Based on true events of the time, this story follows the harrowing journey of four teenagers toward the end of World War II as they flee danger from all sides, and toward their last hope, the ship Wilhelm Gustloff. Along with ten thousand other passengers, they soon find themselves fighting for their own lives on one fateful, icy voyage. As with Between Shades of Grey, Ruta Sepetys crafts another lesser known tragedy from history into a resonating tale. It is unassuming, yet powerful; a story that will be remembered and, like The Book Thief, will be relished by teens and adults alike.
I didn't mean to read this book. I only intended to read the first page, but I suddenly found I couldn't stop, and accidentally finished the whole book in just over a day. Kell, one of two magicians left in the worlds, and Lila, a crossdressing thief with aspirations of captaining a pirate ship one day, find themselves swept up into an adventure of the most unexpected kind, and of course with danger around every corner. This book is immediately getting shelved next to my two similarly favorite fantasy books, The Night Circus, and Neverwhere. A Darker Shade of Magic transported me to an enchanting and dangerous set of worlds, and I fell utterly under its spell. Schwab writes magic as a beautiful and frightening force, and the kind that makes you pause and think…that it could all very well be possible.
I’ll be the first one to admit it, the striking cover caught my eye. Then, the fact that this book is about giant alien robot parts buried across the globe…there was no way I’d pass on it. Epistolary novels have never been my favorite, but with the promise of giant robots, I abated my prejudices and quickly devoured the scientist’s journal entries and interviews that make up the story, and I am very glad I did. Neuvel carries a strong new voice into literary sci-fi, creating a story that blends the speculative elements that blew our minds in VanderMeer’s Area X trilogy, with the hard core science nerd factor of The Martian.
Villain backstory? Yes. I loved this extended look at Levana's childhood/pre-Cinder-era. She is pretty much still an insane, power-hungry psychopath, but she's not as bad as her older sister Channary, if you can imagine that. My heart ached for her troubles as much as I wanted her to keep suffering, and that is a hard balance to achieve. We are even shown a little backstory on many secondary characters from the first three books, which makes me want to read them all over to see everything in a different light.
I don’t come across an epic historical fantasy book as often as I’d like. In my experience, “epic fantasy” and “historical” are not usually in the same description. Yet here is a vibrant story about Alexander the Great’s little-mentioned teenage years, exhibiting his development into one of the world’s greatest conquerors in history. Every page’s description came across saturated in historical authenticity; I felt I was truly in 340BC along with Alex and his comrades (and a little dark magic). Although there are many points of view, each person has their role and whether or not they realize it yet, their fates are inevitably intertwined. This is a compelling read for any older teen, especially for fans of An Ember in the Ashes. Like me, you will run out of pages much faster than you realize—and it is just the beginning.
Here's a story that's as beautiful and layered as its cover. The pacing is spot on, you never know what awaits in the dimension Marguerite will jump into next, and betrayals lurk in every unsuspecting corner of the universe. I loved seeing Marguerite growing up as I turned the pages into the night. A very supportive sequel, and I can't wait to see how the series will end.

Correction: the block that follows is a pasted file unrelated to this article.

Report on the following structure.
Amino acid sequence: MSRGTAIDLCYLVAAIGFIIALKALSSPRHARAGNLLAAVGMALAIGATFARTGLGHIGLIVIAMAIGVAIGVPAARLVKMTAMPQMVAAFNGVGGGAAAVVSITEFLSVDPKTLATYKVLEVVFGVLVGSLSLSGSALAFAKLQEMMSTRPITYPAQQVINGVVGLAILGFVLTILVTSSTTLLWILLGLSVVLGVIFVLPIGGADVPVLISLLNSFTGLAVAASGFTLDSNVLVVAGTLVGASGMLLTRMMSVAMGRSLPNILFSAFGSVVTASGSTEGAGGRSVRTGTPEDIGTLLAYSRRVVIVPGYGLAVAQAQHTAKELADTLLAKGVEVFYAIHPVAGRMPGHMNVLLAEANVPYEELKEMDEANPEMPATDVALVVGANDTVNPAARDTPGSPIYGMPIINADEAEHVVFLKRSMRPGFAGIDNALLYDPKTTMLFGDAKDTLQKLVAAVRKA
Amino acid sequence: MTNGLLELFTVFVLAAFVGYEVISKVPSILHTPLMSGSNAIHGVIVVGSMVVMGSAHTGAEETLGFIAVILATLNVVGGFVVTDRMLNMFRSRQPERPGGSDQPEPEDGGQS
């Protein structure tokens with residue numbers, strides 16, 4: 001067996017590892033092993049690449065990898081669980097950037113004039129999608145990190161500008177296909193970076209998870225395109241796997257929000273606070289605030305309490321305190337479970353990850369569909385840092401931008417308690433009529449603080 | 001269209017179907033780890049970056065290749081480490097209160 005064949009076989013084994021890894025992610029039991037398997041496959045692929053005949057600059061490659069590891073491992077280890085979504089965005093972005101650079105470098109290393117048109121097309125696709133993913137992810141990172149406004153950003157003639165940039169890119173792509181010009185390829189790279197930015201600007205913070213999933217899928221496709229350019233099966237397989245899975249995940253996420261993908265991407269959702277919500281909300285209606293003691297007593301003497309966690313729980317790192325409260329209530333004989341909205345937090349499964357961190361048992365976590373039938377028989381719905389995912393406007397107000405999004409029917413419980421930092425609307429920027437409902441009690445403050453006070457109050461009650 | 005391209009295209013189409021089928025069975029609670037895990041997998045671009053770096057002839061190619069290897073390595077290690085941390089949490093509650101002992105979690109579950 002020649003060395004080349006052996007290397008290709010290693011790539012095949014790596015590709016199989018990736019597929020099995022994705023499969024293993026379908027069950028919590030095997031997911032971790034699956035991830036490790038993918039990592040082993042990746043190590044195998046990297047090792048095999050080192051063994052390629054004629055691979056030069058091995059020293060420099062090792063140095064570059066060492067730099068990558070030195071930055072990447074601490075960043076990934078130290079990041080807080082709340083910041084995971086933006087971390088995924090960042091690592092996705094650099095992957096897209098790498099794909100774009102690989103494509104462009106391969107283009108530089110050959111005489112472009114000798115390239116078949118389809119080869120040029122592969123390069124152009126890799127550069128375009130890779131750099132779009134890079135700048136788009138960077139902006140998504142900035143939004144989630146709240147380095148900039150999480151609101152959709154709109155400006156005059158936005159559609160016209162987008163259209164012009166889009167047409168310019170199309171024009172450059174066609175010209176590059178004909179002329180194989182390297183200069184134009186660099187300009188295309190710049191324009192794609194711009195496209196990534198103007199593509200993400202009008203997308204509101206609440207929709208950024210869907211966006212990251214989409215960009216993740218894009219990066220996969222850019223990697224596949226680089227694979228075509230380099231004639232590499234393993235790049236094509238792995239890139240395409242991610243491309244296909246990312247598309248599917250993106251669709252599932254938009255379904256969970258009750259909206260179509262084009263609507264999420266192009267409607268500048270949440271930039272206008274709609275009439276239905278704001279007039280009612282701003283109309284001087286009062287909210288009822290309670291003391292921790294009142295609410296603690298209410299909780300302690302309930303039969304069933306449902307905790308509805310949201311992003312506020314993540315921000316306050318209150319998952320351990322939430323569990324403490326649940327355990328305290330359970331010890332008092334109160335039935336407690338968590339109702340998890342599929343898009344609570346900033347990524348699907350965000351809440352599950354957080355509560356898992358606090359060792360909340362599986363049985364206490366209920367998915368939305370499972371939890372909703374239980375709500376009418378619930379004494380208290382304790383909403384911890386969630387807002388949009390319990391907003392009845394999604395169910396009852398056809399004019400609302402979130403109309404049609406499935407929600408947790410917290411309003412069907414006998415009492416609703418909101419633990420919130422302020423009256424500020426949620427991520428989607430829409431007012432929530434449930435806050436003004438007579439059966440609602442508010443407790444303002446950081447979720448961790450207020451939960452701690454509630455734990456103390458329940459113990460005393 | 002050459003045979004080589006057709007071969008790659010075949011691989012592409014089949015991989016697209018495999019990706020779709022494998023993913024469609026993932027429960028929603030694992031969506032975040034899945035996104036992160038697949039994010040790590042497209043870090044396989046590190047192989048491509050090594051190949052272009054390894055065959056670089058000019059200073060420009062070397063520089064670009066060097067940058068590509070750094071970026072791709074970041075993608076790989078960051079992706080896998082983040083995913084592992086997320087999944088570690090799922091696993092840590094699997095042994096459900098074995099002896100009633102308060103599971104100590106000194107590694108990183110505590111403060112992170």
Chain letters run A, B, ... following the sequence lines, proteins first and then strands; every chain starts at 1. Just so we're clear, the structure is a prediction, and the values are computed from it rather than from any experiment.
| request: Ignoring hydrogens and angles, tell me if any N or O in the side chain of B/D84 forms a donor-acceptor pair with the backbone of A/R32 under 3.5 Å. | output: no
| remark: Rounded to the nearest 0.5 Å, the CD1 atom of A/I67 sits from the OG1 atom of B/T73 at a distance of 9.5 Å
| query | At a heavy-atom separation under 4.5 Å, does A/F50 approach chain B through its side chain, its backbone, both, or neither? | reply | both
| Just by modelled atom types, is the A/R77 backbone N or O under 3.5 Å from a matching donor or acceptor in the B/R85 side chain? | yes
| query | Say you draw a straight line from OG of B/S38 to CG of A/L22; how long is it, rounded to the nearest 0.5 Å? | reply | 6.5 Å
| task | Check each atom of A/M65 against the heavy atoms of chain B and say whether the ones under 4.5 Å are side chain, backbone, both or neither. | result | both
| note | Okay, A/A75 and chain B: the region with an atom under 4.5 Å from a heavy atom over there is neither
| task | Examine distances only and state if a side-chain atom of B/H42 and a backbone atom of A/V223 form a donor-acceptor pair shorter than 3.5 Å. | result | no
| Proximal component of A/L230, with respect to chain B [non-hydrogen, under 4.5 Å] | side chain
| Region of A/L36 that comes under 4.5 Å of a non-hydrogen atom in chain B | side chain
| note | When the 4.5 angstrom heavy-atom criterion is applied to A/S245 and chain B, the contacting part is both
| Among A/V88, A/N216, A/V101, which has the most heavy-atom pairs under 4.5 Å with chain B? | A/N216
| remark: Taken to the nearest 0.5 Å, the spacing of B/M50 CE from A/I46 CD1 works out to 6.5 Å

This is a funny little book, and one that makes you think. I didn't expect all these little thought experiments to be so entertaining and even philosophical in its own weird way. It’s an good read that will be fun on a road trip with friends, or for solitary contemplation on a rainy afternoon. It gets your brain working, and I found myself caught on many of the questions longer than I thought I would. Flip through it for a second and you'll get what I mean, there are even spaces to pencil in some answers. The Jottery has certainly changed my perspective on a lot of every day quandaries. What do you think real trees are thinking of telephone poles dressed up as one of their own?
I’ve never been one much for movie tie-ins, but Black Widow? Say no more. This reaches for that small part in all of us Marvel nerds that wish Natasha Romanov herself would appear on your doorstop and whisk you away on a dangerous SHIELD mission. Unsuspecting teens Ava and Alex experience just that, and what follows is an non-stop adventure with the usual firefights and government conspiracies spanning the globe. Redacted files and long-forgotten projects are revealed, and along the way Black Widow learns as much about herself as Ava and Alex do. The one and only Tony Stark is also present with his signature never-ending wisecracks throughout the story. I truly hope Marvel continues these books to hold me over until the next movie release. More, please!
This is a great book for any young creative mind or aspiring inventor. The illustrations are wild and expressive, and Rosie’s story is one of persistence and believing in yourself while embracing all your mistakes along with achievements. I recommend it to readers of all ages.
Seeking wild adventure outside their small ordinary town, Archer, Oliver, and Adelaide tested the bounds of the imagination, and brought me along in their journey. The oddness and subtle humor is reminiscent of The Series of Unfortunate Events minus the gloomy atmosphere. And contrary to it's 'doldrum' title, it’s rather uplifting. The full color illustrations scattered throughout are resplendent, and really help visualizing all of the unpredictable events that take place. I can’t wait for the next adventure with this group of friends.